Camí de Cavalls: a tour of Menorca on foot or by bike
The opening up of the ancient Camí de Cavalls encircling Menorca has allowed this paradise in the Balearic Islands to tell its story via imposing backdrops that challenge even the most extreme sports enthusiasts. Take off on an adventure by flying to the island from 4,500 Avios each way.
All images courtesy of Camí de Cavalls 360°
Camí de Cavalls means ‘road of horses’ in Catalan but, in reality, it’s a road of many that has become a symbol of Menorcan identity – it’s no surprise that the path precisely follows the shape of the island.
Map created by descobreixmenorca.com
The story of Camí de Cavalls: from pirates to a social movement
Thought to have been created in the 14th century to safeguard the shoreline, this route has inspired legends linked to fascinating characters such as the pirate Barbarossa, who is said to have threatened Menorca in the 16th century. “The Balearic Islands are a borderland between the Christian and Muslim worlds, so pirate attacks were frequent. Hence the necessity for a network of coastal watchtowers,” says Miquel Àngel Casasnovas, who has a History PhD from the University of the Balearic Islands.
In the 17th century, it became compulsory for the adjacent estates to mark the path and to allow access to and passage over it. However, by the 1960s, it no longer served any military purpose and the owners were exempted from this responsibility. Consequently, as private property, free passage through it was no longer allowed. In the 1990s, the citizens’ platform Coordinadora del Camí de Cavalls was created to restore the public use of the path. It was “a social movement whose efforts were recognised when the island’s government created a specific law in this regard,” says its president, Maite Salord.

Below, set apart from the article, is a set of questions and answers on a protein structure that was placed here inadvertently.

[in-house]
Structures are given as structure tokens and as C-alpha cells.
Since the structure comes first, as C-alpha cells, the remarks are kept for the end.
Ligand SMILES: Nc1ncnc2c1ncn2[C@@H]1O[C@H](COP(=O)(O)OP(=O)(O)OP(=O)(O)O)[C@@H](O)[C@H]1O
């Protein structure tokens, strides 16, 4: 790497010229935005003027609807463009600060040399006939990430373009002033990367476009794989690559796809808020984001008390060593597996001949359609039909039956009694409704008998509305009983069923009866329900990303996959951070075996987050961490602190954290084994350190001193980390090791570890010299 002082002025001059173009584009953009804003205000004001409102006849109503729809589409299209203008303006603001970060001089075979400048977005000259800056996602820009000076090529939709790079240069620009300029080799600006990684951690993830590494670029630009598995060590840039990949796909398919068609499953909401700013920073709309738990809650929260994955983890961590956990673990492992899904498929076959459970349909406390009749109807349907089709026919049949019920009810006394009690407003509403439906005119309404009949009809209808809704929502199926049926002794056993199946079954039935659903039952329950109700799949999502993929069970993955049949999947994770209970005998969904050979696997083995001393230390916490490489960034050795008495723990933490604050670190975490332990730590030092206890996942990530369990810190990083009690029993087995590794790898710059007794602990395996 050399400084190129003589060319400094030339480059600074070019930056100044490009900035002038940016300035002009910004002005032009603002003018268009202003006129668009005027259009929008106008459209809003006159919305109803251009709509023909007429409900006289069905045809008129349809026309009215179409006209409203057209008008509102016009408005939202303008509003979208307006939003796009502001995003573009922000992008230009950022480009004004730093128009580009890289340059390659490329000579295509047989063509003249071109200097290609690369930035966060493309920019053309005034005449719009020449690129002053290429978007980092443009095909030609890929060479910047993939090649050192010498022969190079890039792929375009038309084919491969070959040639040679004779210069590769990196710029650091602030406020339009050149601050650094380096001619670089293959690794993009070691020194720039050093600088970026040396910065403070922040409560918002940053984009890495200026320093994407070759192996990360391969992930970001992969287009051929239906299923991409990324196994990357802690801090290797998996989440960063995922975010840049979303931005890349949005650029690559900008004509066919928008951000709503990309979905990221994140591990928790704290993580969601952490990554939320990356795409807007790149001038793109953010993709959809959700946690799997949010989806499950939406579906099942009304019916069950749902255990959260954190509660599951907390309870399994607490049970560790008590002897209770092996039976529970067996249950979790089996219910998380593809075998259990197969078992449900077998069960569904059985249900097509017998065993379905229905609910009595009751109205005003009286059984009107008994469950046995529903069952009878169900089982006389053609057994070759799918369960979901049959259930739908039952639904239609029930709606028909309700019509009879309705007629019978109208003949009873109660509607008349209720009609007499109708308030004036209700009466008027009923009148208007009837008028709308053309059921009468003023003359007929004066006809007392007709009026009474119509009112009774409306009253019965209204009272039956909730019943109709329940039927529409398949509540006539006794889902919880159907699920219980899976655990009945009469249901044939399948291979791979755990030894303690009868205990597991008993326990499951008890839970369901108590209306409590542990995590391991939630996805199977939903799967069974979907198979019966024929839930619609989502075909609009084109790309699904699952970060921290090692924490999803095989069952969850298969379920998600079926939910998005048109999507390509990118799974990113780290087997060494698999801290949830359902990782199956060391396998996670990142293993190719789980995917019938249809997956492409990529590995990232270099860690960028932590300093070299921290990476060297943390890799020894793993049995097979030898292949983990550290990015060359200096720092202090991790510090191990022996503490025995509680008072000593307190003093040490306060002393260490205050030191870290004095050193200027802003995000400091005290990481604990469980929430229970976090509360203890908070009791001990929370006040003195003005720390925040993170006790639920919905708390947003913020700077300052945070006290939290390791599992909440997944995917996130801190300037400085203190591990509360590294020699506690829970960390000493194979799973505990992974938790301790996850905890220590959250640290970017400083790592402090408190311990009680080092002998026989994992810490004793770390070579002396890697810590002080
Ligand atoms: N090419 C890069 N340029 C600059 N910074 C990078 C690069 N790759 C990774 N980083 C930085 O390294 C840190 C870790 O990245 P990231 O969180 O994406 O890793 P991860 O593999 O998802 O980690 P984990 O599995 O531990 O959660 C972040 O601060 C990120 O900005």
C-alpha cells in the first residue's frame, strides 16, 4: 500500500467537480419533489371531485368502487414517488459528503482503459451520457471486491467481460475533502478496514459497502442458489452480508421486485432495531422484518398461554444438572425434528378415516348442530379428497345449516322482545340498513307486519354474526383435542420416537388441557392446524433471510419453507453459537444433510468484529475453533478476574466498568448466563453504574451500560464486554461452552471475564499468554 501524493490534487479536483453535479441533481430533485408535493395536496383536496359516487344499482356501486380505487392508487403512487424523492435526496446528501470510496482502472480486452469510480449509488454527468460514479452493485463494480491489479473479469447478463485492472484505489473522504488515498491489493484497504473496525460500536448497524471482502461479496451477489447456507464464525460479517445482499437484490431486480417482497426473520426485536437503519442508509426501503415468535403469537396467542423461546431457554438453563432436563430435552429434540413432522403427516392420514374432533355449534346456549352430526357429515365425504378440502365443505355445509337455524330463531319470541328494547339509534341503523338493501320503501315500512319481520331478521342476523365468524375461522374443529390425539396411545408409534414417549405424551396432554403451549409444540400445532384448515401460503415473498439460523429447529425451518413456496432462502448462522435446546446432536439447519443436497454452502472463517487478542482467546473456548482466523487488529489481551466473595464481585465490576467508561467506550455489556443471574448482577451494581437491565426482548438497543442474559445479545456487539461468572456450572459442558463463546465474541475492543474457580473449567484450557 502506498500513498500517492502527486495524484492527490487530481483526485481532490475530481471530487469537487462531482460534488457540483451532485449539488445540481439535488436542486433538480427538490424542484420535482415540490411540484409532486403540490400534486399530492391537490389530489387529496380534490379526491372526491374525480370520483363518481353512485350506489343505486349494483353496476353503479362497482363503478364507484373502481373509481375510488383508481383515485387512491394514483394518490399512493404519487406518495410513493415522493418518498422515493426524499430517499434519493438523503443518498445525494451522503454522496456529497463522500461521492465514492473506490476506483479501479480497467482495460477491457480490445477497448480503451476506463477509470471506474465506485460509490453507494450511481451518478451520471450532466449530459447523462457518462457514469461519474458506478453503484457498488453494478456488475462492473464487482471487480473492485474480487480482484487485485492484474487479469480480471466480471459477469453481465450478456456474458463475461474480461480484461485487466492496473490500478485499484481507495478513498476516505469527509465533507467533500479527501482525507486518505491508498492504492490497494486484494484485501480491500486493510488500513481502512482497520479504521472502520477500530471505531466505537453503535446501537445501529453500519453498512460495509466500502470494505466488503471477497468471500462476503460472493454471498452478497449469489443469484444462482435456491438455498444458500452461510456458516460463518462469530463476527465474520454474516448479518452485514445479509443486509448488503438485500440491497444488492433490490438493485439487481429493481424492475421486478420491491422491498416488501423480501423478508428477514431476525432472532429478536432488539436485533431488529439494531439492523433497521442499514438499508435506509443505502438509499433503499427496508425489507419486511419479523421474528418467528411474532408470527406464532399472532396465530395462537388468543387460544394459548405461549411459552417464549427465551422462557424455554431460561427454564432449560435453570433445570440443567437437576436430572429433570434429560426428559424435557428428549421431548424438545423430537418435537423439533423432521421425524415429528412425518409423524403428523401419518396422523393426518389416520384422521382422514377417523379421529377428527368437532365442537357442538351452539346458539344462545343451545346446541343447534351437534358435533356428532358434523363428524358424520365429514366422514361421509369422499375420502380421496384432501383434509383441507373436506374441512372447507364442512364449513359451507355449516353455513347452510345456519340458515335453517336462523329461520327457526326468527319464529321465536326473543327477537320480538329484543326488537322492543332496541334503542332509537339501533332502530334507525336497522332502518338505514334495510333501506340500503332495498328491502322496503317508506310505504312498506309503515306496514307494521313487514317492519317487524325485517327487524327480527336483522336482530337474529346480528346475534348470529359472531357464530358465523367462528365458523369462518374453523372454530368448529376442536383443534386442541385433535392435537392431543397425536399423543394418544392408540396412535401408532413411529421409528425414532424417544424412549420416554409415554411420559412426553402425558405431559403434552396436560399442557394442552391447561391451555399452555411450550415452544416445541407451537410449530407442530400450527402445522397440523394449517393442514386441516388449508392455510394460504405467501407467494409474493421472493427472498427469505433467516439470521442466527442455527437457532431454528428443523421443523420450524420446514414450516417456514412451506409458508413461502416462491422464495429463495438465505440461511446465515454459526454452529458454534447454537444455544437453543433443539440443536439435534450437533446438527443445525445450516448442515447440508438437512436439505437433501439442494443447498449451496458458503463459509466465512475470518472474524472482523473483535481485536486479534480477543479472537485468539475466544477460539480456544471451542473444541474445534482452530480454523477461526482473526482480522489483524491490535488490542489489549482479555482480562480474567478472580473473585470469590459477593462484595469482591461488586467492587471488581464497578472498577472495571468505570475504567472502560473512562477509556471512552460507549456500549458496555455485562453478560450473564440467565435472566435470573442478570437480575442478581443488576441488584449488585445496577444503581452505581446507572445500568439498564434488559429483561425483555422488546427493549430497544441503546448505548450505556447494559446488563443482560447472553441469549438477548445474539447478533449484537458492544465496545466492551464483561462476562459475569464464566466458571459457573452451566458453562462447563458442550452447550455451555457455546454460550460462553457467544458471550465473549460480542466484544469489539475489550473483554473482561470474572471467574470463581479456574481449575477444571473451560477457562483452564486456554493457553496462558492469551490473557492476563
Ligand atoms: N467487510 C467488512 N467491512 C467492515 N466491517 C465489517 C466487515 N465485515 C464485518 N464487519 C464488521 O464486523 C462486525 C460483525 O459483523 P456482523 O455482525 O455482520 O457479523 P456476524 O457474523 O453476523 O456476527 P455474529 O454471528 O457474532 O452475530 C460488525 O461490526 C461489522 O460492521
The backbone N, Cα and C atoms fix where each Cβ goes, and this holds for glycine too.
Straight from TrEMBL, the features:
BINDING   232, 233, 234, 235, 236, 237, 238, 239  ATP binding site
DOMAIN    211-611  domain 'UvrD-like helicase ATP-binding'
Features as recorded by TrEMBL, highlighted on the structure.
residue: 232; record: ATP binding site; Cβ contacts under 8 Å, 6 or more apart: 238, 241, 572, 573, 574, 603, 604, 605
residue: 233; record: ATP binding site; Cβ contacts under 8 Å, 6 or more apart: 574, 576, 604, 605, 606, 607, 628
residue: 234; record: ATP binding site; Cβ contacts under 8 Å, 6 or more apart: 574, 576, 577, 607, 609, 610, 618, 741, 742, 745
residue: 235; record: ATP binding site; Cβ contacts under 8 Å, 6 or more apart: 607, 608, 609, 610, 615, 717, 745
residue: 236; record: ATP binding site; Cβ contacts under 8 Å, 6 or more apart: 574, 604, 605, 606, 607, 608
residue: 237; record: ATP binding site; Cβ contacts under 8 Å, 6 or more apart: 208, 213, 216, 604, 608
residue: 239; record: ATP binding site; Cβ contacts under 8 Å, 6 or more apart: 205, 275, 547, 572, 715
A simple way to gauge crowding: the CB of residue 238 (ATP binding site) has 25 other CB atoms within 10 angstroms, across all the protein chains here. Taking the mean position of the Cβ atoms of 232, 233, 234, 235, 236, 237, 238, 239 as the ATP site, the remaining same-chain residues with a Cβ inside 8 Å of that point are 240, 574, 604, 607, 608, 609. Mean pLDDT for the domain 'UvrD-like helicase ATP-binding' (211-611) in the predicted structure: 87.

185km that encircle the island of Menorca
Today, the 185km route that winds through beaches, trails and roads can be followed all the way round the island. “El Camí fits very well with the idea of a sustainable Menorca, which is a Unesco biosphere reserve, and it makes it possible to discover many of the island’s landmarks,” says Maite. In fact, some of them can be reached only via trails. However, the island’s natural heritage is not the only narrative to be found along the path. “It passes through historical and ethnological monuments such as ponts de bestiar (buildings for livestock), water reservoirs, Roman ruins, caves, the prehistoric necropolis at Cala Morell, the Paleochristian basilica in Fornells, and more recent monuments such as the Sa Caleta defence tower (from the British period in the late 18th century), and trenches from Spain’s Civil War,” adds Miquel Ángel.
The route round Menorca as a sport
Joan Febrer is a mountain biker and the man who founded Camí de Cavalls 360° in 2012. Joan, who had biked round islands such as Lanzarote, Sardinia and Iceland, created his business to provide services to people coming to Menorca hoping to follow the path round the island either by trail running or riding a mountain bike. The company handles hotels and baggage transfers from one hotel to another and provides general assistance. The route is organised into 20 stages that have been completed by both Spanish adventurers and those from places as far away as Russia, Canada and New Zealand. Some combine the beach with a more active form of tourism. Others are athletes. For the latter, six years ago Joan launched the Epic 360°, a trail running and MTB stage race in pairs. All of these activities support conservation, as a portion of the money paid by participants goes to a Camí de Cavalls 360° project. “Although we think that the main factor behind the erosion or loss of a road is a lack of use, we want our activity not only to be sustainable, but to actually have a positive impact,” says Joan.
The races are always accompanied by an environmental impact study and the island’s government is allocating part of the sustainable tourism tax to conserving the Camí. On the island, there’s already buzz about restoring other historic roads. “We want to complete a catalogue of the entire network of public roads,” says Maite. Doing this would help to prevent the erosion of the Camí des Cavalls and connect Iron Age archaeological sites of the Talaiotic people who once lived on the island. Joan has been dreaming of creating this itinerary through the island’s prehistoric heritage for some time now. This cyclist – who’s ridden three times round the island in a single day – likes a good challenge. And he very well may have found his next one due to a new popular demand.